Book - 1984
I actually finished reading this a good few weeks ago, but I've been putting off reviewing it because...well, it's kinda intimidating. OK, so it's "just another classic novel" like several I've already reviewed, without much difficulty. BUT, somehow, 1984 just seems to overshadow all those others. I suppose it's not just the book itself, but the reputation of it.
OK, let's start with the obvious. It's about communism! well, yeah, but there's a but...and here it is: taking onboard how clever 1984 is, I can't help but think that rather than just being clever, Mr. Orwell was a genius, and the idea of 1984 is not just to target communism*, but any kind of totalitarian regime. The book is general enough, that much of it could be applied, in theory, to any totalitarian government you could think of. 1984 makes the point, rather well, though without having to actually signpost it, that when we lose enough of our freedoms, we stop really living. We just "exist", as empty husks. Throughout the book, it manages to crystalise a number of thoughts I know i've had in the past, but never quite managed to put shape to them. This in itself, to me, is a good indication of Orwell's talent. Some of the ideas presented in 1984 are radical yet simple (and will probably have you thinking "of course! that's so bloody obvious!"). Then there's Room 101. On its own, this is a pretty nasty method of breaking someone's spirit. But there's a little more to it
See, part way through the book, we are treated to the realisation that the government's power in 1984 comes from their controlling of the "sexual instinct" of the members of the Party. That's what the book calls it, but you could call it the instinct to reproduce, one of the two most basic of human instincts. Even for all animals. Well, there's survival of the species, being a kinda mixture of these two, but anyway. The other is never actually mentioned, but plays at least as big a role - that of self-survival. It is this second basic instinct that the Party controls again through their entire setup, but ultimately, through Room 101. The idea of Room 101 is to show dissenters that their instinct for self-survival is their strongest instinct. To show them that their loyalties are not unbreakable.
So, the Party controls these two most basic of human instincts, and through this, their control extends logically to all aspects of party members' lives. Of course, it's not a simple matter; every home has a two-way viewscreen, which will be watched at the other end at some point. There's the constant re-writingof past and present news, books, and so on. There's the Thought Police. There's almost no freedom, and there's very little tolerance of individuality, as individuality is dangerous to The Party.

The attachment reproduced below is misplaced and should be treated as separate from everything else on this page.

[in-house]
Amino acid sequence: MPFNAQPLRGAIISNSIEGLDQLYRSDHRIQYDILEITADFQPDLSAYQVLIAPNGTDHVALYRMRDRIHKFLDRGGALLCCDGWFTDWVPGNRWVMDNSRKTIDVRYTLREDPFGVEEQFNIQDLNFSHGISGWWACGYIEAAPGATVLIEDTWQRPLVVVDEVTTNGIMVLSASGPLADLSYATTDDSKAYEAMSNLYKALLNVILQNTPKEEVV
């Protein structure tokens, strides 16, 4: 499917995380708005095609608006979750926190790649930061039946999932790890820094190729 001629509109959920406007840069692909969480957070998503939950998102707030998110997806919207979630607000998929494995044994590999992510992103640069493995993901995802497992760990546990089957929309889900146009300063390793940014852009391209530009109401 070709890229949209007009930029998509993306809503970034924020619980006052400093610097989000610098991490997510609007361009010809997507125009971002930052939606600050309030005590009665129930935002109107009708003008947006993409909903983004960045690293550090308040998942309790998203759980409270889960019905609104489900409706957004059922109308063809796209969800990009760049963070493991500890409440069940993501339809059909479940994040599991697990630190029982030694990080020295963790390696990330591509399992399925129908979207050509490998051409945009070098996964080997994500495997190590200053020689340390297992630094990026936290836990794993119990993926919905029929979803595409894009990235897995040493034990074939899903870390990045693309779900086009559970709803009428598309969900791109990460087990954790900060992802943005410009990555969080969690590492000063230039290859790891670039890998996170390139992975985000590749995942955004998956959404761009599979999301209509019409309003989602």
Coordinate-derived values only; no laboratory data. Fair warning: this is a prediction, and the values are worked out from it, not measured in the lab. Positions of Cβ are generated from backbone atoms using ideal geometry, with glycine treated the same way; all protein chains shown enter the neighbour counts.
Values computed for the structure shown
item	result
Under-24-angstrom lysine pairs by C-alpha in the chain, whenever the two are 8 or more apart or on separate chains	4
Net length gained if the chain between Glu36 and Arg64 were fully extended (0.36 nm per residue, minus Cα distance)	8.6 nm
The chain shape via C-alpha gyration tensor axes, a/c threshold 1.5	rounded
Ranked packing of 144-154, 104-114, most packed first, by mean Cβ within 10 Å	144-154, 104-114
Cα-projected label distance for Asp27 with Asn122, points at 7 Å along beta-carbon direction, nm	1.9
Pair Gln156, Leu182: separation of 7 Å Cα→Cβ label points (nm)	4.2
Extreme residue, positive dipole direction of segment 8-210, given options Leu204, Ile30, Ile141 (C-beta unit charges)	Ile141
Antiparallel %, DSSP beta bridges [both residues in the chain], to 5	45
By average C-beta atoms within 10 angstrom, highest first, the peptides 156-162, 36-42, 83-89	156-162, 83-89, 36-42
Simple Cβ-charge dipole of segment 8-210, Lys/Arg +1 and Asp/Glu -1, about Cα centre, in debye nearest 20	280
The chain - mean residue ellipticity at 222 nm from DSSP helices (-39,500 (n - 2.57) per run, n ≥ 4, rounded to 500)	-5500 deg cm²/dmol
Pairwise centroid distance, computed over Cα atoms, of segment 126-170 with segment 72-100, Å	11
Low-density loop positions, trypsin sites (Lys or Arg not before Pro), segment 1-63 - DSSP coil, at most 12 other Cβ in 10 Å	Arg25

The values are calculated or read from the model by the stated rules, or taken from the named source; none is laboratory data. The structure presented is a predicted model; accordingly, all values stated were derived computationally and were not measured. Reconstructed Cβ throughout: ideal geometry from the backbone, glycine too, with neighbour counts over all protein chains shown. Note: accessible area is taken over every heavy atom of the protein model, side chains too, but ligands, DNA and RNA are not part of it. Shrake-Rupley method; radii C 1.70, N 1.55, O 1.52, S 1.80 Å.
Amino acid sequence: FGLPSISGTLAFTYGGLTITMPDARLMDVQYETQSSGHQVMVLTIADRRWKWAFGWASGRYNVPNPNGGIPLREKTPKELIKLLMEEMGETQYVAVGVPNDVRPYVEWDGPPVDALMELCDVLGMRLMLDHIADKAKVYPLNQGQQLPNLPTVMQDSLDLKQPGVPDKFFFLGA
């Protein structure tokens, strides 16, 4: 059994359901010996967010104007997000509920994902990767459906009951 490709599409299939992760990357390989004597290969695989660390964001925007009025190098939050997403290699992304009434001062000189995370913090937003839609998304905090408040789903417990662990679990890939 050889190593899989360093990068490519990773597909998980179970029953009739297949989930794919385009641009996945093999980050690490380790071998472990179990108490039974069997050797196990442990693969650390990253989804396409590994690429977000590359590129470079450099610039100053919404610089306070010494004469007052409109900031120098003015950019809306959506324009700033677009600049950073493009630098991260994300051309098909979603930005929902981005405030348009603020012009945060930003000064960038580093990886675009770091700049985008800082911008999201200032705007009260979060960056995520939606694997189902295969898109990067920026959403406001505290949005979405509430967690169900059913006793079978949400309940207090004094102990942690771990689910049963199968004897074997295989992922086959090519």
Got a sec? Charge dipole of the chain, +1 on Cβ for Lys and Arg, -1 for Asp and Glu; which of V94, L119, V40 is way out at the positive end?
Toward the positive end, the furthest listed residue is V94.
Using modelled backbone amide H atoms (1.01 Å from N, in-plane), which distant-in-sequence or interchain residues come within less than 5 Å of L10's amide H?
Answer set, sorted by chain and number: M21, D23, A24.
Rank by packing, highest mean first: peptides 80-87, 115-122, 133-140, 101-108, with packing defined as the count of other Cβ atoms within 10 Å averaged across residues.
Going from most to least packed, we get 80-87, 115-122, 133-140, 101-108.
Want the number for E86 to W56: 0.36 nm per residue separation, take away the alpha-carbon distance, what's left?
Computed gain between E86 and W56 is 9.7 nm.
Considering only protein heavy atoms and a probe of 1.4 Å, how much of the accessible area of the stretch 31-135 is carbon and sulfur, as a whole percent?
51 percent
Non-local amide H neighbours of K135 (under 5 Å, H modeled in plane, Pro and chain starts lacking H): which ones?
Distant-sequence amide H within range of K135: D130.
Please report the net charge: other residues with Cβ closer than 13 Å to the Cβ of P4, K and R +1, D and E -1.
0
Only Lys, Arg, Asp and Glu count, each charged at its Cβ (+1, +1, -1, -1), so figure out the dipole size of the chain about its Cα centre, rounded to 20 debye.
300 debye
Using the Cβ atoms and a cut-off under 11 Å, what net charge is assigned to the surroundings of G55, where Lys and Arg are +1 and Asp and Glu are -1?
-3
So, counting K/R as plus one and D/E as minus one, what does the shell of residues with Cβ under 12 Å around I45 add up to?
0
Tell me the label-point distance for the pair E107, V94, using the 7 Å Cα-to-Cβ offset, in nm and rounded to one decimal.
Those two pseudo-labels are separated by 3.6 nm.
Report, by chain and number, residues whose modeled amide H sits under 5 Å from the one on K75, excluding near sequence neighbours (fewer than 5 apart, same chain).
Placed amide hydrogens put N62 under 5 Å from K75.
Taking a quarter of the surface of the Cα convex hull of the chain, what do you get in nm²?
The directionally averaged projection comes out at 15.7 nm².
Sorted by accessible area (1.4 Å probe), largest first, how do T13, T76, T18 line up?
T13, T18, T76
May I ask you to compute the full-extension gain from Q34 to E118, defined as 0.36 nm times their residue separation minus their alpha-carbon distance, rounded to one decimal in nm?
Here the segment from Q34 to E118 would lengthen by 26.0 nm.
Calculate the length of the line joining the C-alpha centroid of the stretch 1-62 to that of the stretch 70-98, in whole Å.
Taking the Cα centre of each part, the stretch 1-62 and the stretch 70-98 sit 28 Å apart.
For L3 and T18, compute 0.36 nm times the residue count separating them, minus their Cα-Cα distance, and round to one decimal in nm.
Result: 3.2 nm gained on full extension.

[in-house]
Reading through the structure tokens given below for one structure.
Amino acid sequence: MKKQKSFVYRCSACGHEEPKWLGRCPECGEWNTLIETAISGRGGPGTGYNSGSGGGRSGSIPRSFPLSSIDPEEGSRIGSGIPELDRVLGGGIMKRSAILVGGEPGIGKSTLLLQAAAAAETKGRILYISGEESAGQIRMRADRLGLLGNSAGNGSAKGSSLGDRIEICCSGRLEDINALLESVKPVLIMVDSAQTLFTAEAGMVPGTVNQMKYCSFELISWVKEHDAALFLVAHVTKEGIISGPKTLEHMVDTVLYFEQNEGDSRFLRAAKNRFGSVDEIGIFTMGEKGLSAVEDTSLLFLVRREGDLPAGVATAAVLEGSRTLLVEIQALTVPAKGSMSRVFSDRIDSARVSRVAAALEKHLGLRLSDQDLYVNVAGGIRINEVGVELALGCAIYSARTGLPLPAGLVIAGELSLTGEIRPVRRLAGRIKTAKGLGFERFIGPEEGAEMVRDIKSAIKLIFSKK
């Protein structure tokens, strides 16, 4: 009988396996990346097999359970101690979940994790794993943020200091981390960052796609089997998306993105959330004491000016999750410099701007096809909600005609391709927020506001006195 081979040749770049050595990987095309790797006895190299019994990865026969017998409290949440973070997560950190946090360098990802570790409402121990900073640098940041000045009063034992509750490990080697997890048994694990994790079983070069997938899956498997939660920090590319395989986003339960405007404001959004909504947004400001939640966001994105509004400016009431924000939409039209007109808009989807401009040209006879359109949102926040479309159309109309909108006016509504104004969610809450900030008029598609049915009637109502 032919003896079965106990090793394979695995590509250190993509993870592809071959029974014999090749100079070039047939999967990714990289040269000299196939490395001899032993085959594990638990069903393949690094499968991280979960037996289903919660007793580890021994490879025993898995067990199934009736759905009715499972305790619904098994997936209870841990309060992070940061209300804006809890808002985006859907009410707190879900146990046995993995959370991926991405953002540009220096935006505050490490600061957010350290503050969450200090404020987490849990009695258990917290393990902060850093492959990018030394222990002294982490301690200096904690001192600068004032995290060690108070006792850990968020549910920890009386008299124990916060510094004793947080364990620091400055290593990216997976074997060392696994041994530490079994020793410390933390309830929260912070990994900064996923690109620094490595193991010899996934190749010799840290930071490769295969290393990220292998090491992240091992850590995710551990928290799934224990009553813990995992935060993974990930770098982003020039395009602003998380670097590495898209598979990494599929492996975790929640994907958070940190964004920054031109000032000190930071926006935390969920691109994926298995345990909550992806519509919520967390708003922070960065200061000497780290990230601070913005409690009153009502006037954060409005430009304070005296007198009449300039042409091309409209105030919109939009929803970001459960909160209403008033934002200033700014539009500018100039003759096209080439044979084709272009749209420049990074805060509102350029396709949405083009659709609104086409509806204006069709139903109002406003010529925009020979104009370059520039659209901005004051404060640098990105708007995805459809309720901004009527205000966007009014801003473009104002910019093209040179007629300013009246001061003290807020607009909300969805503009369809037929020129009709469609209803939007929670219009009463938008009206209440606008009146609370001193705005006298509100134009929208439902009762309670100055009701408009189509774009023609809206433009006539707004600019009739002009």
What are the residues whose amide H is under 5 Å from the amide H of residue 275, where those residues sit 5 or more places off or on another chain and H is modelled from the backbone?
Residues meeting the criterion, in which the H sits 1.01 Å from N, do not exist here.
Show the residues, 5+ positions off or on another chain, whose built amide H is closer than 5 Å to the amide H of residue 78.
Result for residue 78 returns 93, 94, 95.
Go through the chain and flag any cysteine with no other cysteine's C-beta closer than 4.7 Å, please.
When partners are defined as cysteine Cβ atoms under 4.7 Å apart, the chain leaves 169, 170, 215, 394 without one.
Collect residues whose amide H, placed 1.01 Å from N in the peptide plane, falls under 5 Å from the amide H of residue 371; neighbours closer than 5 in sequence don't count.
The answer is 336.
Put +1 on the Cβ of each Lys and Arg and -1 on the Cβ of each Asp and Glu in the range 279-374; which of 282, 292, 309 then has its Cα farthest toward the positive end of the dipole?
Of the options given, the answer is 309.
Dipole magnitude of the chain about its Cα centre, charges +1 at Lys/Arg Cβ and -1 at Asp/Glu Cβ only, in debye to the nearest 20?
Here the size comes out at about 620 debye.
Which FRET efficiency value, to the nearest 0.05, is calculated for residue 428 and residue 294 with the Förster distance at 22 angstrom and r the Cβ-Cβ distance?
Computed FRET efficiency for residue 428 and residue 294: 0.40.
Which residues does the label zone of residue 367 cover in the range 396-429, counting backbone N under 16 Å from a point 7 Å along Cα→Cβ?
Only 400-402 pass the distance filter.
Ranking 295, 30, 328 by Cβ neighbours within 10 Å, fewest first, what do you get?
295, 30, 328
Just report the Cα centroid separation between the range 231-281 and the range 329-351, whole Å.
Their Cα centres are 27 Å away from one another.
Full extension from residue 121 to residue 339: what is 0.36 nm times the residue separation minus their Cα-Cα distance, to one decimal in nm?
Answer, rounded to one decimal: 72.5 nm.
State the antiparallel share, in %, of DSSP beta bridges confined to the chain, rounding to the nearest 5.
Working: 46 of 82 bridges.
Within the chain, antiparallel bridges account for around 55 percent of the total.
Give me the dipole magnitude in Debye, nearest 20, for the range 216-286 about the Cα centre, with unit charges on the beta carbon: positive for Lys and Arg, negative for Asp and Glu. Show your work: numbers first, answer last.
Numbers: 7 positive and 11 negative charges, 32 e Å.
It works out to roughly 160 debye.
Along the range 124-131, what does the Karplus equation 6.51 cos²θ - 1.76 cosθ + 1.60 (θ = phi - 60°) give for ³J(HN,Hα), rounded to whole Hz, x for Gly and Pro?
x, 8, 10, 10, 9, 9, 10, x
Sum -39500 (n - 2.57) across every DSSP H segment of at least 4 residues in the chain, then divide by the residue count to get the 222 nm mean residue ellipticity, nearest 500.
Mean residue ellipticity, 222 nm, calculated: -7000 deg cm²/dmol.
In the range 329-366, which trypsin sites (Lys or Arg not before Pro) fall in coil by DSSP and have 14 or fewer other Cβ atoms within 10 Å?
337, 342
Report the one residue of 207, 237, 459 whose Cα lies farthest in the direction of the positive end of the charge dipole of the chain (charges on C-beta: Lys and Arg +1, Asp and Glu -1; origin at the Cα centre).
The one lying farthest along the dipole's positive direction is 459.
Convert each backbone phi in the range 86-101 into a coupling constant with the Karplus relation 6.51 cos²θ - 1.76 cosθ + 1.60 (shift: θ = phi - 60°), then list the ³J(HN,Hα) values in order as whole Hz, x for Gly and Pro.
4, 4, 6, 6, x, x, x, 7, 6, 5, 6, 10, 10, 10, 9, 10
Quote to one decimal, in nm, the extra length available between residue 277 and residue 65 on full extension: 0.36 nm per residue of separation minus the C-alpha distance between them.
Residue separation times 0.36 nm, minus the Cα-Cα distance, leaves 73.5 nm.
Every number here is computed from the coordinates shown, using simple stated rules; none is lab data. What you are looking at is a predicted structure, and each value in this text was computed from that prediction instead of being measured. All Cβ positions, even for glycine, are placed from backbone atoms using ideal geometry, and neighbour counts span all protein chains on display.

Then there are the "proles" - the non-Party members, making about 75% of the population, these people seem to have it worse off than Party members when we first read about them. But it doesn't take long to realise, they have somewhat more freedom than Party members. It's also somewhat ironic, that Party members are, by and large, prisoners of their own making.
1984 is certainly the most thought-provoking book I've read so far. There are some disconcerting similarities with the Party and...situatinos around the world right now. On the bright side, I think individuality is a good measure of how much freedom you have. As in, the level of diversity of people within a country is a pretty good indication of how totalitarian (or not) its government is. Here, I can only with any degree of certainty speak of this country, England. At the minute, we have a good level of diversity amongst the people living here (despite Charles Clarke's seeming determination to curb our freedoms). And i'm not too stupid to see that without any laws at all, we'd have total freedom - but with it, total chaos. I wouldn't mind watching that from a distance, but I doubt i could handle living it.
Doubtless, there'll be plenty of people out there who read/have read 1984 and have a completely different take on it...
*I'm well aware that ideal communism may not be totalitarian in nature, but the fact is the real-world occurrences have all attempted to be totalitarian